Life and soul of the party

30 Sep 05
ALAN LEAMAN | Three weeks by the seaside with Britain’s politicians is enough to convince any dispassionate observer that our political parties are all in a sorry state.

Three weeks by the seaside with Britain’s politicians is enough to convince any dispassionate observer that our political parties are all in a sorry state.

And that if the party conference season didn’t exist, we would try very hard not to invent it.

But parties are the sine qua non of a modern democracy. Even if we find it tiresome to live with them, we certainly can’t live without them. It is time that they renewed themselves.

The symptoms of decline are all too obvious. Membership is falling and ageing; fewer voters identify with any particular party; and the media is paying less and less attention to party events and debates.

At the same time, party politicians are suffering a crisis of confidence. They know that the electorate is much more demanding nowadays and that fewer voters can be relied on to be loyal to a party cause. They find it more difficult to recruit talented people into their ranks. And, while modern politics requires parties to run a professional, disciplined and national campaigning machine, the politicians know that this often doesn’t look good to the voter or feel right to the rest of the party.

Recent reforms of party funding, while full of good intentions, only seem to have made these matters worse. Corporate donations have now largely dried up, local fundraising is tiny and parties are more and more dependent on the generosity of a small number of very wealthy individuals. Even the Liberal Democrats have discovered how awkward this can be.

This year, the picture seems to be particularly bad. The general election left all the parties feeling deflated and disappointed. Labour won only 36% of the vote, the Conservatives flatlined and the LibDems underachieved. To underline the point, all three parties are now enmeshed in their own leadership difficulties and have little to say about their policies of direct interest to the public.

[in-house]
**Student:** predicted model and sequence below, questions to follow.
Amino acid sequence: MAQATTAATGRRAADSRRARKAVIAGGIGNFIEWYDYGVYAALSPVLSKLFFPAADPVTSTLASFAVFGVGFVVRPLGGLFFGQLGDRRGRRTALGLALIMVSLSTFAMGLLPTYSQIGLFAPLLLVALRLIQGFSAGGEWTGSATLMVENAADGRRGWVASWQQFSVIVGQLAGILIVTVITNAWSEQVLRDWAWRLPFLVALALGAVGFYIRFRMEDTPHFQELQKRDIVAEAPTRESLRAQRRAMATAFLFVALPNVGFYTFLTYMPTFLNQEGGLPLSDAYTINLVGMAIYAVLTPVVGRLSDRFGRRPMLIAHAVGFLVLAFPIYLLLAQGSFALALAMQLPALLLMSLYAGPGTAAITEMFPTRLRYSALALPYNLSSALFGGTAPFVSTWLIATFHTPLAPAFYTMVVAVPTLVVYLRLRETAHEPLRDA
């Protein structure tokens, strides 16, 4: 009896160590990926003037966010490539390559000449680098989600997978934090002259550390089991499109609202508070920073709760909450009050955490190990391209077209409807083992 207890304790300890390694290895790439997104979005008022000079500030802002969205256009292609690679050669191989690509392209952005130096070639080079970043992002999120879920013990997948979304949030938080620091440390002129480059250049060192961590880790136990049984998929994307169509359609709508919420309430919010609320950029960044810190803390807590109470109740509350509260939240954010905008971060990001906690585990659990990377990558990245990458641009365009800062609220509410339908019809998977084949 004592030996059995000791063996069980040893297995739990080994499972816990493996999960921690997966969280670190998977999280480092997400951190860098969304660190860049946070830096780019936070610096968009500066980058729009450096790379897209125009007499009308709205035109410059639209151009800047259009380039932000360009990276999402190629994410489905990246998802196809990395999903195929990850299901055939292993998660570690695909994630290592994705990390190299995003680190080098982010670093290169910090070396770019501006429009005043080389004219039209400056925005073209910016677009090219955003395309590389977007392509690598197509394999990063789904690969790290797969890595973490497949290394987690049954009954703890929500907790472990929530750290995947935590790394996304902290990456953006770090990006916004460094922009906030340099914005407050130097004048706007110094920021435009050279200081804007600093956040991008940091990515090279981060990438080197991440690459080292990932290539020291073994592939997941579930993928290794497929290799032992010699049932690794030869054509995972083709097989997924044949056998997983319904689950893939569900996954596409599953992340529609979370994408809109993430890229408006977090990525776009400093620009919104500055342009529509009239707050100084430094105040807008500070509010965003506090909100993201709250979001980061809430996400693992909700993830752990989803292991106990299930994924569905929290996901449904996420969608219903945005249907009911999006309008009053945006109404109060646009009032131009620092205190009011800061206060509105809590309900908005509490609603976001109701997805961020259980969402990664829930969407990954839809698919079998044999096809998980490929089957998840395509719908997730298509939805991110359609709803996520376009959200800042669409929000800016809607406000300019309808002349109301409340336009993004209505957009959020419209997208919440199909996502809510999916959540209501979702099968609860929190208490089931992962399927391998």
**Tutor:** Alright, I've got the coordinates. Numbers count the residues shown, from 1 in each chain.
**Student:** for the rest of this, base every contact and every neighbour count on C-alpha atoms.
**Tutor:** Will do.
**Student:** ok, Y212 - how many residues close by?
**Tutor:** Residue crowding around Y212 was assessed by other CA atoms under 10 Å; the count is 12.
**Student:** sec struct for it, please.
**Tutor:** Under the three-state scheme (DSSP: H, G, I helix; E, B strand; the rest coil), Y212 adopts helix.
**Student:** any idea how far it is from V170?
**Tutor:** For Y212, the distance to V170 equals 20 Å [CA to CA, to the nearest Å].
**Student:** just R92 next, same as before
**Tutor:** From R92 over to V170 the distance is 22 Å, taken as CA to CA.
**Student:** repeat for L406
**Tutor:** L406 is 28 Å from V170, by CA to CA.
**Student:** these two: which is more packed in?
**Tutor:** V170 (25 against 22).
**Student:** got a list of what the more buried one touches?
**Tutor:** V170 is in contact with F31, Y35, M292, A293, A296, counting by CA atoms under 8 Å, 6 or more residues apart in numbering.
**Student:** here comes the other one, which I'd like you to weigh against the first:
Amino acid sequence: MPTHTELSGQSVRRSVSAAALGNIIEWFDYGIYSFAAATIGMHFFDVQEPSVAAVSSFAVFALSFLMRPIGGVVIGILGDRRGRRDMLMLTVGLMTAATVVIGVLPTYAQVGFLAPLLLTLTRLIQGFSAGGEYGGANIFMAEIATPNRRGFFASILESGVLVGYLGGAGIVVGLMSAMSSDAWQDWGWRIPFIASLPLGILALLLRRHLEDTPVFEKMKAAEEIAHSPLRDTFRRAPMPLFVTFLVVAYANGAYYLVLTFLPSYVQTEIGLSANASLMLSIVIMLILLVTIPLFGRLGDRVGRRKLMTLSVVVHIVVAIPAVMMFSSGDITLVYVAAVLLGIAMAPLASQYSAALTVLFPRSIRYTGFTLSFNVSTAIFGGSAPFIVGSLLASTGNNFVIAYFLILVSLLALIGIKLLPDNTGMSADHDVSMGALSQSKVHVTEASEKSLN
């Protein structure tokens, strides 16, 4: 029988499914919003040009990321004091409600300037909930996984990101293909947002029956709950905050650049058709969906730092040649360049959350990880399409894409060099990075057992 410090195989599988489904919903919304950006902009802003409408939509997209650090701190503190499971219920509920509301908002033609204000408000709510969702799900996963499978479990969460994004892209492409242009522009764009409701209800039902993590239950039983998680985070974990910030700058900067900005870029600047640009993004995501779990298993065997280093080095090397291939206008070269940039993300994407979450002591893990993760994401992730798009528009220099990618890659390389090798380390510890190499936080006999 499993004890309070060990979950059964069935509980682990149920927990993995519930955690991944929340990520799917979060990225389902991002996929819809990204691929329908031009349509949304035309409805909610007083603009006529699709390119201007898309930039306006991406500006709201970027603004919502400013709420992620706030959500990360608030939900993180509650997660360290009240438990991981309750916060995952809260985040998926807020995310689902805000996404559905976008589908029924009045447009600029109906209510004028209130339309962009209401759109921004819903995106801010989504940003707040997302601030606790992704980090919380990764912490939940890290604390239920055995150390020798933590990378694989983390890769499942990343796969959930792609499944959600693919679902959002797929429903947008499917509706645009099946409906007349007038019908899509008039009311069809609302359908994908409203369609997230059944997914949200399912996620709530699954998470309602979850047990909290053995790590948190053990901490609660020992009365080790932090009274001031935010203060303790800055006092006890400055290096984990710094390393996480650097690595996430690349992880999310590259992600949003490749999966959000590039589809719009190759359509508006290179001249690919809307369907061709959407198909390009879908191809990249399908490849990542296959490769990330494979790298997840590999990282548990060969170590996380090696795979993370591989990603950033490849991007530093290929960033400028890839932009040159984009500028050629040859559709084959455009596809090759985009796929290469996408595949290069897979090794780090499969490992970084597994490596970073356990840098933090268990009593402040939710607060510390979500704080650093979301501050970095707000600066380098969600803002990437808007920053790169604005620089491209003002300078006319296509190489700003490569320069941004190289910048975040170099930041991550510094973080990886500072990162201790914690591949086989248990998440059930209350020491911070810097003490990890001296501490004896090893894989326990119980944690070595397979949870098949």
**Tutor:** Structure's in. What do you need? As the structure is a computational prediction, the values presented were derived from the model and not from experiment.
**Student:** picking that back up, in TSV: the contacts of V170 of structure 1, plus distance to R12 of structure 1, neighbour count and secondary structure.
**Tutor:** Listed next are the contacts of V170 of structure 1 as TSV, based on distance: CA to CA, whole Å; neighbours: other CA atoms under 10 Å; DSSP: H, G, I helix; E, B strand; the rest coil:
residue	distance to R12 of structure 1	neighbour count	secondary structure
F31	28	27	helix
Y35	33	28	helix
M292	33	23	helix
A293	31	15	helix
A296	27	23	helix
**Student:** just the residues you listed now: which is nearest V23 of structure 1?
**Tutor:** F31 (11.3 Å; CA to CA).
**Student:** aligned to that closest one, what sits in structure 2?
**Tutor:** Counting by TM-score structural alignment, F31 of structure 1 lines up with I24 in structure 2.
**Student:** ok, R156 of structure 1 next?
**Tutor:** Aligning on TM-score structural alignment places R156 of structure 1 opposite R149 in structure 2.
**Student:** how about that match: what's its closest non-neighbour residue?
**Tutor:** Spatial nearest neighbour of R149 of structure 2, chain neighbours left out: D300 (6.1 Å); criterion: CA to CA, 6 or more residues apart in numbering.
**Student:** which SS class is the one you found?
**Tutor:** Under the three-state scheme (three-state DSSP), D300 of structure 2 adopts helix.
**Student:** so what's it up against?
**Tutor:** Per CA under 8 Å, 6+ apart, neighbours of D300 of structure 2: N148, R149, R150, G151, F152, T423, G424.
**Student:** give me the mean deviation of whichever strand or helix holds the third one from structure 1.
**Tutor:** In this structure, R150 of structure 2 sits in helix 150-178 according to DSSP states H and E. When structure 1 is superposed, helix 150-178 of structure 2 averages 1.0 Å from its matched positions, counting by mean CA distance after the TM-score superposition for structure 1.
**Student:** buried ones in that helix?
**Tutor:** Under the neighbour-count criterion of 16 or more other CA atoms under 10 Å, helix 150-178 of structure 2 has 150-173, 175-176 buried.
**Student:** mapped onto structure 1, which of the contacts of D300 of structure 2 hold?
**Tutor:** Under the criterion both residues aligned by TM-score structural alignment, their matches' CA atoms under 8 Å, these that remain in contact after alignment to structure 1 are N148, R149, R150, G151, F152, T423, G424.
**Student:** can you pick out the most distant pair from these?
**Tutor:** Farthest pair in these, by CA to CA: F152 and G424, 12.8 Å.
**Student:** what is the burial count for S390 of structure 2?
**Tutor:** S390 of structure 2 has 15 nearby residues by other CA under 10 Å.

It is tempting to greet this state of affairs with a cynical chuckle and a few jokes at the politicians’ expense. But it would also be wrong. We can leave that to Rory Bremner.

Instead, we should ask why it is that the parties have found it so difficult to renew themselves in the face of these challenges. And what they can do now.

A recent special issue of the academic journal Parliamentary Affairs starts to answer some of these questions. Three bright young MPs wrestle with the issues from their differing perspectives.

Labour MP Liam Byrne wants his party to fill the local vacuum and do a lot more to recruit talented people to local spending bodies. He also argues that MPs should now have a much more activist role in their local communities. They are no longer just their constituents’ representative at Westminster but ‘have to help create epicentres for change in their local communities’.

Matthew Taylor for the Liberal Democrats argues for a cap on individual donations to political parties, and proposes that the state match funds provided by members and local parties. This, he believes, would give the parties an incentive to recruit more members and stimulate more party activity around the country.

Newly elected Conservative MP Ed Vaizey wants to make it easier for young people to be involved in politics, noting that, while their interest in political issues is high, they have rejected much of what traditional politics can offer. He argues that politicians themselves have done much to make mainstream politics ‘boring’ and ‘managerial’. At the same time, young people have many other demands on their time and attention. Why not enable them to vote on-line, or give them the power to initiate local referendums on local issues that interest them?

The common theme of all three MPs is striking — it is at the local, not national, level that action is needed to put our political parties back on track. And, like many of their colleagues, all three seem to be saying that it is in their own constituency where they feel they can make a real difference.

These reformers will still bump into many of the realities of twenty-first century Britain that make politics a declining activity. The conditions no longer exist to sustain mass political parties and it would be folly to try to recreate them. The dividing lines between the parties are blurred. Modern Britons lead busy lives and our attention span is short. Long-term trends in the media and communications generally make it difficult to create a sense of shared political space or political values.

But these three MPs all suggest that some imaginative thinking could still re-energise our mainstream political parties. This should be a priority. Political parties are part of the infrastructure of our society and politics: they recruit our political leaders, organise our elections and generate public policy. They deserve better than just three weeks by the seaside.

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